Well that's interesting and good news! Thank you so much, shel!

If we did go the Surinda Singh route (we really haven't decided yet) do you happen to know if the initial stamp while they do the 6 month decision period allows me to work? Or would I have to remain unemployed during that time? I'm sorry for all the questions I'm just trying to be as well informed as possible!
 

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The refusal will cause a delay, as they'll now go over the application with a fine toothed comb to make sure your application is water tight, however this doesn't mean that they'll flat out say "No." As long as they're satisfied with the documentation that you submit, I can't see why they'd say no to you... as _shel states, you're applying for a visa that you qualify for that you didn't have when you tried to enter.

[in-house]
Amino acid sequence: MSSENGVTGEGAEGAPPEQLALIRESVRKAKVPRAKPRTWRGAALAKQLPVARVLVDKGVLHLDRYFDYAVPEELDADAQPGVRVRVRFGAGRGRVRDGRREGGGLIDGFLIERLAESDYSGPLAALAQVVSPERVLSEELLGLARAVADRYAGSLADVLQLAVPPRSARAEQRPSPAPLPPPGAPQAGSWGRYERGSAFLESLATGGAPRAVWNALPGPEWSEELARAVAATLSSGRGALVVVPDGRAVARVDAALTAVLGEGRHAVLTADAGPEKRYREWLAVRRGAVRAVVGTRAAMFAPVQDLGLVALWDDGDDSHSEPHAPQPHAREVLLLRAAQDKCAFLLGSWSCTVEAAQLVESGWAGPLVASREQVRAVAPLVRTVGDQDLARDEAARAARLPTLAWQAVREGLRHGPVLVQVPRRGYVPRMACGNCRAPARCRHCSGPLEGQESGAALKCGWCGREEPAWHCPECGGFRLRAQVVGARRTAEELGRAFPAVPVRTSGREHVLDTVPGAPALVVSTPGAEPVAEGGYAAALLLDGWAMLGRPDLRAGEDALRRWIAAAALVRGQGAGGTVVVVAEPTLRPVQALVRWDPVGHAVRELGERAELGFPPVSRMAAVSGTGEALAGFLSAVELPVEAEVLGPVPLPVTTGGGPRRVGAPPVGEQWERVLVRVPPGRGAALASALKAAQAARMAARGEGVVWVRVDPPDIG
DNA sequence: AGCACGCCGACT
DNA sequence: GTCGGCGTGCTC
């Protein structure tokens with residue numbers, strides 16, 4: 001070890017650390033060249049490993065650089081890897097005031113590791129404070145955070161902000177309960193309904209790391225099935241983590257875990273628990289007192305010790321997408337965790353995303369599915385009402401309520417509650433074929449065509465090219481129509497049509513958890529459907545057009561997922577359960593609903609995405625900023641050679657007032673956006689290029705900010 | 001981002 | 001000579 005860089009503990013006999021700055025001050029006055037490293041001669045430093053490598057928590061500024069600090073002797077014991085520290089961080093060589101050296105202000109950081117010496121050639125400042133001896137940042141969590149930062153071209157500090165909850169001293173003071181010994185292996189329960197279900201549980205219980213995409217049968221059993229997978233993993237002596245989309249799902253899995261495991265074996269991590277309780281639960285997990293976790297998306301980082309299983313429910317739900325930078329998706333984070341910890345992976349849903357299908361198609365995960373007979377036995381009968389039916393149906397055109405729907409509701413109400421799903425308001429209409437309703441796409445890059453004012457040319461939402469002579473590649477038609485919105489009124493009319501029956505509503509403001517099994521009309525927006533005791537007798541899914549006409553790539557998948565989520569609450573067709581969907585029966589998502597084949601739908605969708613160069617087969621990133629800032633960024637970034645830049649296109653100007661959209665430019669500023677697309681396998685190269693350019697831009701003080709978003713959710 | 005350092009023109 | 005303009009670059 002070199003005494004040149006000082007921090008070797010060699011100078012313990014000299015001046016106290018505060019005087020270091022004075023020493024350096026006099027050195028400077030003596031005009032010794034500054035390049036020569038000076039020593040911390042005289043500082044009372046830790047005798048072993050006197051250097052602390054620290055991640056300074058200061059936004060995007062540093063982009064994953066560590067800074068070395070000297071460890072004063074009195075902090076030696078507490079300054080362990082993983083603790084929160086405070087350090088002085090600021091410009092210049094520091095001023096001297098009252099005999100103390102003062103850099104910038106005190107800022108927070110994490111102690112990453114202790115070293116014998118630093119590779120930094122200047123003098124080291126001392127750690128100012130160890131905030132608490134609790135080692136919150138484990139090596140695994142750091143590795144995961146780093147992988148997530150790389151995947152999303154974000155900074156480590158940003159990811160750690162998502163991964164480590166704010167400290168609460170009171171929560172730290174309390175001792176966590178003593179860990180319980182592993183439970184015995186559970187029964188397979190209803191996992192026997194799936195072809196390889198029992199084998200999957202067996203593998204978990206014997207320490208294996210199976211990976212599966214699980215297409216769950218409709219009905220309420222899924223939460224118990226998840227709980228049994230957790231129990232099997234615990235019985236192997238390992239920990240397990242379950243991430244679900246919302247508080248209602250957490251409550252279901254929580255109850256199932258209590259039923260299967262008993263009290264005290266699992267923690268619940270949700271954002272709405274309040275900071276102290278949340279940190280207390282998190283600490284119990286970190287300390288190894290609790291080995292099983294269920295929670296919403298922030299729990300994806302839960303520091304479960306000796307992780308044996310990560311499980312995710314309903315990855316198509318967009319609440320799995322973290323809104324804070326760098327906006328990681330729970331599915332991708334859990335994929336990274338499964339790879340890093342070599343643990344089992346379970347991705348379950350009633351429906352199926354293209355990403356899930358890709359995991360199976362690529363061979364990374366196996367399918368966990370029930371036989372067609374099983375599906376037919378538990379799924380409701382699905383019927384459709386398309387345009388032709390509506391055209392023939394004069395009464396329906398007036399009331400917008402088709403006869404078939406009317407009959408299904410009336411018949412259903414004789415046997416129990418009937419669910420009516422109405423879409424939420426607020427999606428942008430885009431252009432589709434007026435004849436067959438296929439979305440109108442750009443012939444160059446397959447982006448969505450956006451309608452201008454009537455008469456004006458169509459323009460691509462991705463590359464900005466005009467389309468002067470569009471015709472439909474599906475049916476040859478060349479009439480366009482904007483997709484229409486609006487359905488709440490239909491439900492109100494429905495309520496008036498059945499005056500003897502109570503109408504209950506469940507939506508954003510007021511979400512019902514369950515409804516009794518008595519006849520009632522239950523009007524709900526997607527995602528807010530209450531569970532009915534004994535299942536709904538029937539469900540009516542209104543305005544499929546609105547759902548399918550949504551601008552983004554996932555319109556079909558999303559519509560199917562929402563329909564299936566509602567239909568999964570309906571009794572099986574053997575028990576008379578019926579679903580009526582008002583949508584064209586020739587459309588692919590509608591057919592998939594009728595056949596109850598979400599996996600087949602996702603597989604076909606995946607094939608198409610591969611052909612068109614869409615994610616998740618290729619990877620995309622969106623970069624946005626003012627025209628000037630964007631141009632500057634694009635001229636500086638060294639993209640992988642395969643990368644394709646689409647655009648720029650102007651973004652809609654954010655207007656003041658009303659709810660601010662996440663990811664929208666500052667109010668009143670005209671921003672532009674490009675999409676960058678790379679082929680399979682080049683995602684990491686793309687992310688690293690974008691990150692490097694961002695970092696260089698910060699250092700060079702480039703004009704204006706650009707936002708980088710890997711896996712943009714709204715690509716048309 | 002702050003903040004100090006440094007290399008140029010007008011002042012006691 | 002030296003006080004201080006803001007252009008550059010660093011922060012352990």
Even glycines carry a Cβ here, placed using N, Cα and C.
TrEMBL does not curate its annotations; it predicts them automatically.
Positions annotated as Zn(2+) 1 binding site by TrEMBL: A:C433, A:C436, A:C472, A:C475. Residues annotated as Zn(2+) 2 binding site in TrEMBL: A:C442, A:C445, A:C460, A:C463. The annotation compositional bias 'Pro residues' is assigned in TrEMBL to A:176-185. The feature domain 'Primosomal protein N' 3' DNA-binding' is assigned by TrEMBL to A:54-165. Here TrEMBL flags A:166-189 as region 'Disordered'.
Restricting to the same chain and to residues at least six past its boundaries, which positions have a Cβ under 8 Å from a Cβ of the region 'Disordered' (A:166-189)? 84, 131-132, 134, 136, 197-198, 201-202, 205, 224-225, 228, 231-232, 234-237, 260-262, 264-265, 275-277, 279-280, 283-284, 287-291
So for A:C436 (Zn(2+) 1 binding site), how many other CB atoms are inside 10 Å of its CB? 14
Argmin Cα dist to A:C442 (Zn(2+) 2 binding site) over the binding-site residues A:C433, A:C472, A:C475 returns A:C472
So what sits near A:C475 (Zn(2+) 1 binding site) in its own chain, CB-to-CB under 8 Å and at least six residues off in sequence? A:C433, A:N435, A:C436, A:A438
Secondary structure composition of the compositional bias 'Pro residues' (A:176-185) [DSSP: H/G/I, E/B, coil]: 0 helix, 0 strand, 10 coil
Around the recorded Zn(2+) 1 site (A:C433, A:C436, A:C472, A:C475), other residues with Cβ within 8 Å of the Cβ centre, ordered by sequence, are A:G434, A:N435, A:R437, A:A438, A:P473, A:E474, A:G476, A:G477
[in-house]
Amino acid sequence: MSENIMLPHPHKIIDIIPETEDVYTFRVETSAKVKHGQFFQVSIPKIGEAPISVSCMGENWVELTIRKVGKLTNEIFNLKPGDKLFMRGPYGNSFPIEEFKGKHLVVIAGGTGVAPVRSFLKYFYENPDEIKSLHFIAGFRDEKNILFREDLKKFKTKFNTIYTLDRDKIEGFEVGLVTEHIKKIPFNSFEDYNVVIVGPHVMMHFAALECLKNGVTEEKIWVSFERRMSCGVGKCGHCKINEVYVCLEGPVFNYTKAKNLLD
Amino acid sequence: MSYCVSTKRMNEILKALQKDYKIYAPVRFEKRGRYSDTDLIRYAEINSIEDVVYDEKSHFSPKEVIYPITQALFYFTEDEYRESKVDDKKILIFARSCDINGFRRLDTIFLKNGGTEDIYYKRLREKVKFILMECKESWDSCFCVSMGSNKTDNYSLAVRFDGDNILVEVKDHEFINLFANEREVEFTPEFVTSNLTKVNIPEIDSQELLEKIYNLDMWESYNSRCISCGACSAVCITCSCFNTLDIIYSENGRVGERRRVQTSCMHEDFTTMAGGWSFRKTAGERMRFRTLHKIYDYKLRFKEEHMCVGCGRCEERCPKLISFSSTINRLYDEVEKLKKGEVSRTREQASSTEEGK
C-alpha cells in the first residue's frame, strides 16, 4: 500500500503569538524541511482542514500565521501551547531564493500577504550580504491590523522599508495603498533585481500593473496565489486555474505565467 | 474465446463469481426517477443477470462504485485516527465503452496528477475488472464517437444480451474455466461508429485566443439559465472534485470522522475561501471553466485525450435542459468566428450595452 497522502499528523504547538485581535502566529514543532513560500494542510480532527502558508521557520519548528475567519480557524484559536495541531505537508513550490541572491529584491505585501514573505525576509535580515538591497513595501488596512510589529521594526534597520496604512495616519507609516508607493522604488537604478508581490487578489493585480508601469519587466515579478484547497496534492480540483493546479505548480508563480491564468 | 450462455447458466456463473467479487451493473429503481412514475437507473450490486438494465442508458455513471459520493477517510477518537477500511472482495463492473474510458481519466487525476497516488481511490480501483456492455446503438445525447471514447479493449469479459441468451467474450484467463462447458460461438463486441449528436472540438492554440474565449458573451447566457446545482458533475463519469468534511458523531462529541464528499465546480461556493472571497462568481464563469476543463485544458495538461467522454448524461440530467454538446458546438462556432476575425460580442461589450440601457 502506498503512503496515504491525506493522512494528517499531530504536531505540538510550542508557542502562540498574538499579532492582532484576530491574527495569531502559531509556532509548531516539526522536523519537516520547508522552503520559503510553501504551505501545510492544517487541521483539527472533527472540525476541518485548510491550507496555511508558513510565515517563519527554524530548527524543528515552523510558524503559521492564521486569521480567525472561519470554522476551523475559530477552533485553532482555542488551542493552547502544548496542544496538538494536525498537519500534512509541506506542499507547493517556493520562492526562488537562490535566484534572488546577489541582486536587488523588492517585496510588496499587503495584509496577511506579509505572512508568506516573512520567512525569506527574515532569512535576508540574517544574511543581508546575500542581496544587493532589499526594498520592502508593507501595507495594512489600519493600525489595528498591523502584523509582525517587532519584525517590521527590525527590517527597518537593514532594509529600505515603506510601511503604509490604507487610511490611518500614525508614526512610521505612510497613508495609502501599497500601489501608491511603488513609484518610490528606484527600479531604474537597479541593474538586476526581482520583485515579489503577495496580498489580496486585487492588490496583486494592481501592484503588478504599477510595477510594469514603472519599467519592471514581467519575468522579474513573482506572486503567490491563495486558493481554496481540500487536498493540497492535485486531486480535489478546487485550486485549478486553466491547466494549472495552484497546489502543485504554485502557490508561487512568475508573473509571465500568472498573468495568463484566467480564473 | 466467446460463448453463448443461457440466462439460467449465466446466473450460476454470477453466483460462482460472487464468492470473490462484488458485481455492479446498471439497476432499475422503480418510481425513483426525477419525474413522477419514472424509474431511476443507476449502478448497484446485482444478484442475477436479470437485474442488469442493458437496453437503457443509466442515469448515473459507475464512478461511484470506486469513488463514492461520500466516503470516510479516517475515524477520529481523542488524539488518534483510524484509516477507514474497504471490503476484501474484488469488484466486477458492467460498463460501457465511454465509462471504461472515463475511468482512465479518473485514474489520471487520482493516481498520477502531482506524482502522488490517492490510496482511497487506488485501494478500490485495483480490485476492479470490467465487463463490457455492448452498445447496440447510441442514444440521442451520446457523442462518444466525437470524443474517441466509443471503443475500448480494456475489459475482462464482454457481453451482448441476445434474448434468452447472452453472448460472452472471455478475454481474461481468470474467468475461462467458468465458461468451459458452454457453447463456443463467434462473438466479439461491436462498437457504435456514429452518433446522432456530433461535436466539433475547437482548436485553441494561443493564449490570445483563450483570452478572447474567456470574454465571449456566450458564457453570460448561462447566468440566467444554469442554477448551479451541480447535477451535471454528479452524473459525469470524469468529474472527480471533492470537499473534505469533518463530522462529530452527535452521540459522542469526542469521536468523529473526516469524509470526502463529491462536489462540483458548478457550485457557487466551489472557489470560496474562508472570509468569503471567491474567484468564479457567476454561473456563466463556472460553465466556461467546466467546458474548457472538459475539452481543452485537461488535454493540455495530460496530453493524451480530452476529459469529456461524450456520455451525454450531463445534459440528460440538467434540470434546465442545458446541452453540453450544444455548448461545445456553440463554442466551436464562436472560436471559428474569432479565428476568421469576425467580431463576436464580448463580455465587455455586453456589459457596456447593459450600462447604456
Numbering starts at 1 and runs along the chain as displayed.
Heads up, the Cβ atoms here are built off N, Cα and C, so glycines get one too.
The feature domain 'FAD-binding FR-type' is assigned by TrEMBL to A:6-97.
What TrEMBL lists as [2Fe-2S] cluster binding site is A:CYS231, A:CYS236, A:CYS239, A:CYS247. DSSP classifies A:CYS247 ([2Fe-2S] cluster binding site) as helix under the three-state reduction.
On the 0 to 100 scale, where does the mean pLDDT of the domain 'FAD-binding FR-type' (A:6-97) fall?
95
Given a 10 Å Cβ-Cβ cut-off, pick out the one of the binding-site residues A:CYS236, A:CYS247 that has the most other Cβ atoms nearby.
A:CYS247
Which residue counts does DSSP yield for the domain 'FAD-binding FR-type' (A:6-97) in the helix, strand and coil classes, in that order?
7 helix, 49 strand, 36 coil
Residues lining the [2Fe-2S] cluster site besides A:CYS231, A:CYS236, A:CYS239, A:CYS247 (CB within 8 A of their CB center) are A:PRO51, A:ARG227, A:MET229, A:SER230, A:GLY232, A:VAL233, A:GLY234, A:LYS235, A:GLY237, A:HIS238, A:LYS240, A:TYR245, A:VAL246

Good luck to you! :)
 
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Discussion Starter · #13 ·
The refusal will cause a delay, as they'll now go over the application with a fine toothed comb to make sure your application is water tight, however this doesn't mean that they'll flat out say "No." As long as they're satisfied with the documentation that you submit, I can't see why they'd say no to you... as _shel states, you're applying for a visa that you qualify for that you didn't have when you tried to enter.

Good luck to you! :)